If one cannot increase the supply of a resource, one must increase its yield. — Peter Drucker.
I have yet to learn about a recruiting process that isn’t wasteful. Recruiting is designed to be wasteful; it’s a premise of any selection system. It doesn’t have to stay that way. According to Josh Bersin the average open position receives more than 150 resumes; more than 45 percent of candidates never hear anything back from the employer; 83 percent of candidates rate their job search experience poor, and employers still tell us anecdotally that 20-25 percent of their candidates don’t turn out to be a good long-term fit.
Let’s talk about why.
Hiring processes typically tend to have a suboptimal validity. Unless you use a few ways to validate your choice of candidates, most hiring processes use interviews, which may be typically biased. In a very authoritative 1995 review of a huge amount of data on selection interviews Conway, Jako ,and Goodman found that problems with reliability were commonplace in selection interviews. Achieving reliability is challenging because each interview is unique in some way.
In any hiring process, typically 95 percent or more of candidates end up being rejected, which is a pretty high number. As with any process that relies on subjective measures it is prone to human error, especially when there are a lot of people involved.
Candidates are not your typical commodity. They change. They change their minds. They evolve.
Recruiters, just like the most of us, do not like doing things twice and usually refrain if from reexamining old leads. In large recruiting organizations, a fresh viable lead is a rare find. The pool, on the other hand, is not endless.
In any recruiting system, there’s inherent change and noise. Roles get filled, and headcount comes and goes. This and many other reasons make it hard to optimize the system’s productivity.
In his book The Rare Find, George Anders who is a Pulitzer-Prize winner and a Wall Street Journal writer, sought out the world’s savviest talent judges to see what can be learned. He argues that our ability to identify great people has deteriorated. We have created so much data that we are drowning in it. He contends that great talent isn’t hard to find if you know where to look for it. The real problem that even some of the most diligent, ambitious organizations have built a talent scouting system that does not work. Even when we make decisions with confidence, we tend to overlook so much of the potential talent because of blind spots and rigid thinking.
Most organizations use screening methodologies that only focus on a single dimensional information, and even then they neglect to go back and reappraise these prospects as time goes by. The amount of energy that is spent on developing sources of talent is huge, especially with the majority being eventually rejected. Furthermore, whatever these sourcing and screening efforts may produce tends to get lost in translation. Even in organizations who have fabulous applicant and prospect tracking systems, there’s an inherent loss of productivity that comes from changing hands in the process and churn caused the dynamics of the hiring process.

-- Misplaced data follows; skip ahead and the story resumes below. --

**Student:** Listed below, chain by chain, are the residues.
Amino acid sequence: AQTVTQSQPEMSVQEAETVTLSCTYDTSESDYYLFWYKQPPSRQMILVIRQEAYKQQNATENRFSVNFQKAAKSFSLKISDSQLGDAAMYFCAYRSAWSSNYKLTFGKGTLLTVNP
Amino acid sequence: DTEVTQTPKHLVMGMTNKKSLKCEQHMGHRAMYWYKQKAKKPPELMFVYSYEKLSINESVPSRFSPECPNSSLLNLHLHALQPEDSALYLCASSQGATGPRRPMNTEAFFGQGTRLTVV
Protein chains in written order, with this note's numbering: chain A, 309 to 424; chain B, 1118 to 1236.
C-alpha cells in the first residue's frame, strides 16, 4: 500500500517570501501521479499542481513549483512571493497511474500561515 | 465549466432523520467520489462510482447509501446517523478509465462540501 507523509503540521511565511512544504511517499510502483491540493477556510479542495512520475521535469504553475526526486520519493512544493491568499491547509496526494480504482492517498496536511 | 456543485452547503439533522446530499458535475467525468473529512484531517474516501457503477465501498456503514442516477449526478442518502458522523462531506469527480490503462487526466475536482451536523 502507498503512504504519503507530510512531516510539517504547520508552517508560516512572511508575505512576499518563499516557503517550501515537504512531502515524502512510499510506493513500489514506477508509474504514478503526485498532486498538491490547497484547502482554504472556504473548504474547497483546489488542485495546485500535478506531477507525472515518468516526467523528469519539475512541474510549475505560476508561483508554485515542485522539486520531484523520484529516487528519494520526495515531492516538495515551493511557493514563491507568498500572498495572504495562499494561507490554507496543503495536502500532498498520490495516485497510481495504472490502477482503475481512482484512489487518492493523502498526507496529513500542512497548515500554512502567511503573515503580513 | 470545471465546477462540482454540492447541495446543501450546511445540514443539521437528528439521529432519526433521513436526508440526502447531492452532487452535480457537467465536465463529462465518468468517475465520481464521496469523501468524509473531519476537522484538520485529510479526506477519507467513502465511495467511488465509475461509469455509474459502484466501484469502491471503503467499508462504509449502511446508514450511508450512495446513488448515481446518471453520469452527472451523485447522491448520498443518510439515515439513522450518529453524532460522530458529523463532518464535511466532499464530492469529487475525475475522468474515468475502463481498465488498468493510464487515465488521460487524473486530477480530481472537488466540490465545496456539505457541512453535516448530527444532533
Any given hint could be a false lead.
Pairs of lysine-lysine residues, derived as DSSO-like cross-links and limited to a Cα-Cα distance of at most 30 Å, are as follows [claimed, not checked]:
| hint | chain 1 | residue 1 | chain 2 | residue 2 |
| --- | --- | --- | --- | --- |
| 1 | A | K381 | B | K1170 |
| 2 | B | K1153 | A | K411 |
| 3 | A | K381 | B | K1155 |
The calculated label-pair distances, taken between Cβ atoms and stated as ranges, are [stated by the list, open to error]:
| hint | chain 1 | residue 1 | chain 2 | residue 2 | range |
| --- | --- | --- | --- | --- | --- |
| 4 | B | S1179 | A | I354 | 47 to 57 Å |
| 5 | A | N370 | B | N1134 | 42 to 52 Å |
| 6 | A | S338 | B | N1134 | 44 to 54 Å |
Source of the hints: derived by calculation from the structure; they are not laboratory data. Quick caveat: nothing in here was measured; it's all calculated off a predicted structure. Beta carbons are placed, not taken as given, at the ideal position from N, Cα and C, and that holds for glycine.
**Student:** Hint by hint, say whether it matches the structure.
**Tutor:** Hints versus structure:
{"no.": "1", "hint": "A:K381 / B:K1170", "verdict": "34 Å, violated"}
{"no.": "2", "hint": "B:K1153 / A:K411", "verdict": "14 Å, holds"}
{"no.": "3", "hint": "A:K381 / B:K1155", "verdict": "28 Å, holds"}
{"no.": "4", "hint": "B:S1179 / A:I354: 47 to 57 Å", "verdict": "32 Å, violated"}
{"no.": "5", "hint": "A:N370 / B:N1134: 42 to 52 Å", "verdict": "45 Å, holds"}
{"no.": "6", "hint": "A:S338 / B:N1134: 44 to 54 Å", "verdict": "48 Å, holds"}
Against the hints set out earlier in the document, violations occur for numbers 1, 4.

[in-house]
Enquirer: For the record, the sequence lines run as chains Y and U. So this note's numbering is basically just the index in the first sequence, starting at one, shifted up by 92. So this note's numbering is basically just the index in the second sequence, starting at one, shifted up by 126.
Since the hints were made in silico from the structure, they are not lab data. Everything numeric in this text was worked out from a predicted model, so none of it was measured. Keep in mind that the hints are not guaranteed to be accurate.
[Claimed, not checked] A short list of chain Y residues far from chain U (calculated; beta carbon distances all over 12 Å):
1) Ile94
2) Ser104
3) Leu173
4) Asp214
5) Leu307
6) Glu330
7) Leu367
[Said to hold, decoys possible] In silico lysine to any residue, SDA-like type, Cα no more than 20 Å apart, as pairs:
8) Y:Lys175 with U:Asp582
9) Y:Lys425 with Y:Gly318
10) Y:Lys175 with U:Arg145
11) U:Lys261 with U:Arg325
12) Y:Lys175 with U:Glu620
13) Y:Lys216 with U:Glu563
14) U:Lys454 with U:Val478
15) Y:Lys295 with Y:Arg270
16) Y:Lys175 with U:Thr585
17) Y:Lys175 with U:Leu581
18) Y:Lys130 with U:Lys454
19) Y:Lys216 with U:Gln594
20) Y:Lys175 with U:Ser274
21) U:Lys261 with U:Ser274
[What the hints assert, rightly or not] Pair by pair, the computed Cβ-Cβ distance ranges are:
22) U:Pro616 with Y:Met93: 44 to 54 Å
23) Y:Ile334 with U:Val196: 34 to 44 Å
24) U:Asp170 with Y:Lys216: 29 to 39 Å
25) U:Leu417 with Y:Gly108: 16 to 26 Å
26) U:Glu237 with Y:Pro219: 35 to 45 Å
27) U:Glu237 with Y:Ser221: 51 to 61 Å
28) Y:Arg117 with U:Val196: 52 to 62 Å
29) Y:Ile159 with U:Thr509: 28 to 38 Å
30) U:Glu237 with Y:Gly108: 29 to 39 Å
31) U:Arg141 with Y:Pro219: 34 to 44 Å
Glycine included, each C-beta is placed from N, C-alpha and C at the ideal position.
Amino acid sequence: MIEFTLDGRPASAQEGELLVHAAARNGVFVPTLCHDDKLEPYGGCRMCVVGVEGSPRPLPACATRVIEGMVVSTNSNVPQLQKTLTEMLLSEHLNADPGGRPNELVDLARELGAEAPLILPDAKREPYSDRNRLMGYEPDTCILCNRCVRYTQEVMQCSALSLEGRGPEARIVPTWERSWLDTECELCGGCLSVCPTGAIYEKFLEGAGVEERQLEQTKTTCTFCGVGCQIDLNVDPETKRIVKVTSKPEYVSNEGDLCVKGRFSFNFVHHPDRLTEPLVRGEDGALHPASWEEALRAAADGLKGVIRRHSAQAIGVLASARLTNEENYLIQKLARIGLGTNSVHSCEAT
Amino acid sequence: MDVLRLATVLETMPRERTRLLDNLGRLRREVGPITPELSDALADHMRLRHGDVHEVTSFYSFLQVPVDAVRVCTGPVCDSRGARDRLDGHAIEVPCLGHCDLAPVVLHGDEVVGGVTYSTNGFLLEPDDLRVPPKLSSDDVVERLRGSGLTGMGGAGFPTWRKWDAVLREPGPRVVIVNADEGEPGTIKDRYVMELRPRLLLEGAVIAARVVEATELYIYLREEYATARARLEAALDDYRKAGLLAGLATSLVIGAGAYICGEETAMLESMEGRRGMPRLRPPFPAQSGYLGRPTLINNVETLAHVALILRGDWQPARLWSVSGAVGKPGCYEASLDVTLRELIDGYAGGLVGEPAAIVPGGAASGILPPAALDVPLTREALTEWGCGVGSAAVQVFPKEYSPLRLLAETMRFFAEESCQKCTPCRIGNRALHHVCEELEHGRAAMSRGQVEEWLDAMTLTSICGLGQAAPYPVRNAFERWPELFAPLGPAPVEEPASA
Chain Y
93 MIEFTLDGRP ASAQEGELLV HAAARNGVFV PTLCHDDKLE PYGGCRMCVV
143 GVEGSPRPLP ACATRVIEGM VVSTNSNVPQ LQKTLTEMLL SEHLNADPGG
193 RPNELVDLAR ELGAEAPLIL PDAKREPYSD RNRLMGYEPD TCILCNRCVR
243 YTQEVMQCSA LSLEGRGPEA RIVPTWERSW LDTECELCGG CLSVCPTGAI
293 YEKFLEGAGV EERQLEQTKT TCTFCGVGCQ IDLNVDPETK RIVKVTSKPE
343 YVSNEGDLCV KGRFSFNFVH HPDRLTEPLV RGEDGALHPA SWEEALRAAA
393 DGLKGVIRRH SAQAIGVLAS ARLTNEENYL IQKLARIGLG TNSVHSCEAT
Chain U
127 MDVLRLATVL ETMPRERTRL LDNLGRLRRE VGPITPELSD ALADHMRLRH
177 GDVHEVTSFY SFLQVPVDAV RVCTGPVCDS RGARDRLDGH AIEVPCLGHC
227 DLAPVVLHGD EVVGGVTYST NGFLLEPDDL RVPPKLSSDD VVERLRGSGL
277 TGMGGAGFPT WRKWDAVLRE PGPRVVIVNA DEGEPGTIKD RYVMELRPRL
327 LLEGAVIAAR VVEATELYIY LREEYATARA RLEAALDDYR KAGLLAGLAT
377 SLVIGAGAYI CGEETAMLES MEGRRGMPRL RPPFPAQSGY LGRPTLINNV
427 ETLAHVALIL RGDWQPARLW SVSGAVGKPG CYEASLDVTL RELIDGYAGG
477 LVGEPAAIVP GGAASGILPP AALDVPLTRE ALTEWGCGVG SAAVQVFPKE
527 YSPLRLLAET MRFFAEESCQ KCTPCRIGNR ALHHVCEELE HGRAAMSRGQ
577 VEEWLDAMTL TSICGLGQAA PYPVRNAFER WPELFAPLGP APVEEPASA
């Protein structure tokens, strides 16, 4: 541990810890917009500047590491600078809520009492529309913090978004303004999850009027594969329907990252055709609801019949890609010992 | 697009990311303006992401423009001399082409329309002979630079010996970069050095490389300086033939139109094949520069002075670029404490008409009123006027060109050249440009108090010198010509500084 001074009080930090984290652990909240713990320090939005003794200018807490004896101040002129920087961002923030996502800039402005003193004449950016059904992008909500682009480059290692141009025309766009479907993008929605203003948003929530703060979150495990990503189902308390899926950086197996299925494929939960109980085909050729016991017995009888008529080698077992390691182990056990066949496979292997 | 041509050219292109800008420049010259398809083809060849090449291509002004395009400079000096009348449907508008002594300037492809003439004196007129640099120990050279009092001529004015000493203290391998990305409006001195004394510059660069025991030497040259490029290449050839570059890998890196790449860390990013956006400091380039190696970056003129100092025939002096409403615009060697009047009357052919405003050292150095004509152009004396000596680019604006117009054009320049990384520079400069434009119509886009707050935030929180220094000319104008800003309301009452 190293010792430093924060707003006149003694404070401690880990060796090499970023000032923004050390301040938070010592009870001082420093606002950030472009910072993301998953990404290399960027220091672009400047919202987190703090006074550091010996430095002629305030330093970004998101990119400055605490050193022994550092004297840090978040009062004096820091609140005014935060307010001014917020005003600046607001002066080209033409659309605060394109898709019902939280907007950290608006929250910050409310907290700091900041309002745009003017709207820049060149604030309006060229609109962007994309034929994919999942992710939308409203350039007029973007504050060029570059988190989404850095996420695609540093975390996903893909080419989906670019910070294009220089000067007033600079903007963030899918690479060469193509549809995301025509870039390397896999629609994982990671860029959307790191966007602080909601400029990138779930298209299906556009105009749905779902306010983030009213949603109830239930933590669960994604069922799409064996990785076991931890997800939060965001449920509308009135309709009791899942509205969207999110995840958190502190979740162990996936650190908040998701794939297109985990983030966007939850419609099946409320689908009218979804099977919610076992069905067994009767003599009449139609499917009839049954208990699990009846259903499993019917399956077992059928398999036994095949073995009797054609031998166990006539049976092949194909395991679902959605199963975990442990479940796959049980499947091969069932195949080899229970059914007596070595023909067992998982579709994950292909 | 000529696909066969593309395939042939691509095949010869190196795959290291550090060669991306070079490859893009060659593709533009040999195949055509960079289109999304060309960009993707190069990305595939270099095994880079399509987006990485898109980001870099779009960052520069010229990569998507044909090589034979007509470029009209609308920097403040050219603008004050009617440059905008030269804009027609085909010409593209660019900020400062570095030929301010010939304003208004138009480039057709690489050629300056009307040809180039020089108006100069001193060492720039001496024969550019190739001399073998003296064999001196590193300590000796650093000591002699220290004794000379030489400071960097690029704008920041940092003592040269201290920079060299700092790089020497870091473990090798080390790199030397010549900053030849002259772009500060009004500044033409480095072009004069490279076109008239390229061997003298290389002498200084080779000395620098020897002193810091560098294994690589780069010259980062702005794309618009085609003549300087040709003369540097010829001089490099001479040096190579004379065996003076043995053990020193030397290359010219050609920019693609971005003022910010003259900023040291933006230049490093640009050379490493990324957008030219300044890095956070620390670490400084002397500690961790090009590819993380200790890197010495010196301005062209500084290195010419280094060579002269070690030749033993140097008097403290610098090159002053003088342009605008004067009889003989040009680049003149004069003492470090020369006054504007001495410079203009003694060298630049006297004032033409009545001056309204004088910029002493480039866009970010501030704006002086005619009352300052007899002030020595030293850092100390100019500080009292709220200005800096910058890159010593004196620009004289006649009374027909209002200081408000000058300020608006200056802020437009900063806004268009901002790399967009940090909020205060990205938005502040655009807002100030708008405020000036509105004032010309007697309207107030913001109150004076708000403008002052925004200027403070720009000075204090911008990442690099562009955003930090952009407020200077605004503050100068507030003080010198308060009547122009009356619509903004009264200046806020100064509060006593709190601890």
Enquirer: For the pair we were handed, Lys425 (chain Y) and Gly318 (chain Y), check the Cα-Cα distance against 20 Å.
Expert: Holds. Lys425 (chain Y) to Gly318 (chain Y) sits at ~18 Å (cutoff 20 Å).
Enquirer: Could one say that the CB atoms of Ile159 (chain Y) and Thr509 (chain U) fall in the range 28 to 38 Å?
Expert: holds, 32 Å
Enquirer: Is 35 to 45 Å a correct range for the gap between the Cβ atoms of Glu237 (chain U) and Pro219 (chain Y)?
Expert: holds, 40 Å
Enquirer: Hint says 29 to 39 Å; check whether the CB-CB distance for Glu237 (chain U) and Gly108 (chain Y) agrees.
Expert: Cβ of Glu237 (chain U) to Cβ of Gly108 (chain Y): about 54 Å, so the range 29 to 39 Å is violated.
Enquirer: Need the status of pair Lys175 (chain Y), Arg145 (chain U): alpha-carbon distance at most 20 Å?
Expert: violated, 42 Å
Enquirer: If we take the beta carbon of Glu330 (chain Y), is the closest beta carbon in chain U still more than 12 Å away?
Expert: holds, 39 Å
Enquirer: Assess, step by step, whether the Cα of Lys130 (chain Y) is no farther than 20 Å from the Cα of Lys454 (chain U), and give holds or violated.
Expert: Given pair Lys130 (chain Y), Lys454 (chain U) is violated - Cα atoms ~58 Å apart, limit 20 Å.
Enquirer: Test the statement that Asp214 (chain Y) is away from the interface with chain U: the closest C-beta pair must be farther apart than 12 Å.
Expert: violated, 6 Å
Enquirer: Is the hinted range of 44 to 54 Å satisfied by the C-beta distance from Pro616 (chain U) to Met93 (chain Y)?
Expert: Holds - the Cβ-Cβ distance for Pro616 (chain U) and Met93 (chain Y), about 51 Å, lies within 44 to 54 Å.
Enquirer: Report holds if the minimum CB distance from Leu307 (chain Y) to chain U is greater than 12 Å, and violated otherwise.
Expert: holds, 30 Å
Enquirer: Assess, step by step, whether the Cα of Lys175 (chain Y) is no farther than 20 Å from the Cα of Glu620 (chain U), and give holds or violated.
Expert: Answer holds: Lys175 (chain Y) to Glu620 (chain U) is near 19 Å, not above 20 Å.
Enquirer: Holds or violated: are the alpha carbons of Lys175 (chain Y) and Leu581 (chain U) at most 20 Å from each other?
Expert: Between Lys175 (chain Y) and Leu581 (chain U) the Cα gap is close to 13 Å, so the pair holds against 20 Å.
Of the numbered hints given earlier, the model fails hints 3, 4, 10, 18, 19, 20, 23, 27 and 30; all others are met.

With the advances in machine learning and big data, we are already improving our ability to predict the validity of our selection methods, but there are other challenges we face. We should be using these technologies to keep our data forever current and our search for talent perpetual. We should be treating talent as a dynamic and evolving, and the pursuit for candidates as one that should be done with a fresh of eyes every day. We should be powering our search with technology; recruiters could never sustain the amount of work needed to make sure we are optimizing our talent pool daily.
Instead of focusing on increasing talent pipelines, and scouring leads, we should invest in being able to understand how talent ebbs and flows. Finding a way to stay on top of candidates preferences, and how our preferences change would grant us with the ability to increase our yield and improve the efficiency of the hiring process. Recruiters would enjoy developing relationships with a wealth of candidates instead of spending so much time on sourcing candidates. Until technology catches up to help us solve this, here are a few things you could do to make sure you are making the most of your pipeline:
- Make sure that you have a strategy in place to encompass all aspects of your talent acquisition plan: Make sure you track and take action on leads and have a follow-up plan when they fail to materialize. Use engagement techniques on more of your untapped talent. Make sure that data is integrated and maintained often.
- Pipelines are leaky. To make sure potential is developed fully, make sure that candidates do not have too many contacts in the hiring process, and that they are being passed off cleanly when transitions do occur.
- Initiate candidate-sharing mechanisms and a culture that promotes leading with the candidate, making sure every candidate counts and all avenues have been exhausted.
- Revisit and review the hiring process every six months, as any process becomes stale after a while and that might mean you are missing on talent.
- Switch things around: have different recruiters take different tasks and try different approaches.
- Makes the experience memorable: candidates will not forget and will come back, even if it takes a while.